solar power shining on Virginia

solar power shining on VirginiaGoing solar? Good call. It’s the right choice for your pocketbook and for the climate. If everyone in Virginia used solar power, it would take 58 billion pounds of carbon out of the atmosphere every year—according to the EPA’s greenhouse gas calculator, that’s the equivalent of planting a forest that would cover 85% of the state.

Solar power is a growing part of the energy mix in Virginia. Nationally, the state ranks #22 in solar energy use.

Solar Energy Pros And Cons

The biggest advantage of solar energy? The cost—$0. For the average Virginia household, generating all their own electricity with solar would save $1,560/year. Also, you’re doing a favor for the next generation. Instead of relying on natural gas plants, supplied by fracking and offshore drilling, and dangerous nuclear plants, which produce most of Virginia’s electricity, you’ll be producing your own clean, renewable energy. In Virginia, residential customers like you account for 26.4% of the state’s total energy consumption.

The disadvantages: The cost of installation. The average solar installation costs around $20,000. Incentives like the U.S. Residential Renewable Energy Tax Credit can bring the overall cost down.

How Many Solar Panels Do I Need For My Home?

The average Virginia family uses 39,067 watts of energy on an average day. And, on average, they’ll get 3.75 hours of sweet Virginia sun each day. So, to get enough energy to keep the power running all night, they’ll need their solar power array to generate 10,418 watts of energy per hour while the sun’s out.

Assuming they go with 250-watt solar panels, the math is simple. 10,418 watts/hour divided by 250 watts/panel = 42 panels needed.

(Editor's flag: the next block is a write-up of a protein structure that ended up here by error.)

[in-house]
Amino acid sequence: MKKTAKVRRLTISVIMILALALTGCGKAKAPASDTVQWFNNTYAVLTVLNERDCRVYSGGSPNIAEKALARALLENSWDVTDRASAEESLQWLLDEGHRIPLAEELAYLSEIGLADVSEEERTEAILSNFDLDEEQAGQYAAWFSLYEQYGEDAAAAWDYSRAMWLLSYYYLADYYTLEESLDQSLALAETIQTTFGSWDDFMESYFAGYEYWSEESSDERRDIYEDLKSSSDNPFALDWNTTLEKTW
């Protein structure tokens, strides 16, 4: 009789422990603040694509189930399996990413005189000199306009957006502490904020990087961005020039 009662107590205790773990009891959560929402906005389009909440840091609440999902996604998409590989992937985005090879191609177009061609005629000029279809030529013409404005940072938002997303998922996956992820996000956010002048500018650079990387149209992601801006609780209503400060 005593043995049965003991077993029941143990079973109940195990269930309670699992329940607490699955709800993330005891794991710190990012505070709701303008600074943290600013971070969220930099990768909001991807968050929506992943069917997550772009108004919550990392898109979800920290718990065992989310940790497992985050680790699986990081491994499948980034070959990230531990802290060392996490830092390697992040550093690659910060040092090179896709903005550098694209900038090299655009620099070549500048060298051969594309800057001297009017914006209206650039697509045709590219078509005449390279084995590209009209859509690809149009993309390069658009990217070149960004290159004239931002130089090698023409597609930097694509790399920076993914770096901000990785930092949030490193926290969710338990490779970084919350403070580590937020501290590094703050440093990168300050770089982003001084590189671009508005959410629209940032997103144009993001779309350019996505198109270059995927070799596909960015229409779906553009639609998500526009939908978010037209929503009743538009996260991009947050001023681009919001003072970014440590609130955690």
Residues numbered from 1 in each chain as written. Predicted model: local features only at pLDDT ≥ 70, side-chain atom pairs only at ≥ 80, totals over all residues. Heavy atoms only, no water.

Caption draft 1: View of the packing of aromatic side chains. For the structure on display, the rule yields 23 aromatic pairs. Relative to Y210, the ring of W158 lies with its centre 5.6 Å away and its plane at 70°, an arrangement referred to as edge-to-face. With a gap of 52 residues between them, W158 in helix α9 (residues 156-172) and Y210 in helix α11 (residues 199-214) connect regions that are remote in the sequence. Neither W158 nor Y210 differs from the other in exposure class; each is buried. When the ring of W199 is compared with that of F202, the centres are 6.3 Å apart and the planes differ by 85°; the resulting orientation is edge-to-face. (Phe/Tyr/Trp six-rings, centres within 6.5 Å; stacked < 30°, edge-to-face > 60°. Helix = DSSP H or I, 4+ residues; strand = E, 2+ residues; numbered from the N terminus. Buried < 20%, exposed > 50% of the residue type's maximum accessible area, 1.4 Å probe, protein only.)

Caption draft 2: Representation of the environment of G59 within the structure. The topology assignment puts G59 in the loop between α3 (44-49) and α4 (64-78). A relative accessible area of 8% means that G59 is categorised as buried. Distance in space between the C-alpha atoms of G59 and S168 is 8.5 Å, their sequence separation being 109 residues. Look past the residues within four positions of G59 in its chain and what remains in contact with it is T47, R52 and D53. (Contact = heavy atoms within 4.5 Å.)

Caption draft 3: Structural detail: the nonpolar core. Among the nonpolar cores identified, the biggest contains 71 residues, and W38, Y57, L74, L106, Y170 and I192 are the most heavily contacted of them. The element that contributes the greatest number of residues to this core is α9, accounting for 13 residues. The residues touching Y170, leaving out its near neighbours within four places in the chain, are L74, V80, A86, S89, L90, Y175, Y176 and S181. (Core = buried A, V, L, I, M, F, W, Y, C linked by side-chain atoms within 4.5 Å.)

To figure out exactly what you’d need based on where you live in Virginia—and how much money you’d save—use this solar savings calculator:

Solar Trends In Virginia

Virginia doesn’t rank highly in solar capacity now, but will make strides in the next five years to catch up to peer states like Pennsylvania and Illinois. However, the state could do much more to increase solar capacity by adopting pro-renewable policies.

Virginia Solar Policy

Virginia has a modest voluntary, nonbinding renewable energy portfolio goal that aims to derive 15% of the state’s energy sales from renewable sources. Most states now have a legally binding renewable energy standard that their utilities must abide by.

Virginia does mandate net metering by its utilities. Net metering deducts energy private solar/renewable operators have generated from the total cost of their utility bill and credits those small operators for any excess power generation that goes to the grid at large. Net metering has proven to be the most effective way to grow the solar industry in any given state.

However, Virginia began to allow third party financing for solar projects, which should spur growth in the solar industry.

Virginia Solar Projects

A utility-scale, 20 MW solar project will break ground in Cape Charles in 2016.

Virginia’s first community solar project came online in August 2016 in Rockbridge.

North Carolina solar company Greenex announced plans for 350 MW of solar projects in North Carolina and Virginia in September 2016.

In March 2016, an 8,000 solar panel array built by Dominion Power opened in Chesterfield County.

In June 2017, Kenmore Middle School in Arlington was selected to have a solar panel installed as a part of an initiative to teach students about clean energy.

Hexagon energy announced in June 2017 that they have plans to build a 100Mw 375,000 panel array to be spread across 900 acres in Gloucester County.

An Emory local has taken to the streets in a neon green hybrid bicycle that runs on solar power. The new mode of transportation has been sweeping the nation since its Kickstarter campaign back in 2012.

Virginia Solar Advocates

The Maryland-DC-Virginia (MDVSEIA) branch of the Solar Energy Industry Association (SEIA) advocates for solar businesses and pro-solar policy in all three areas.

Chesapeake Climate Action Network (CCAN) also lobbies in favor of pro-solar policies in Virginia.

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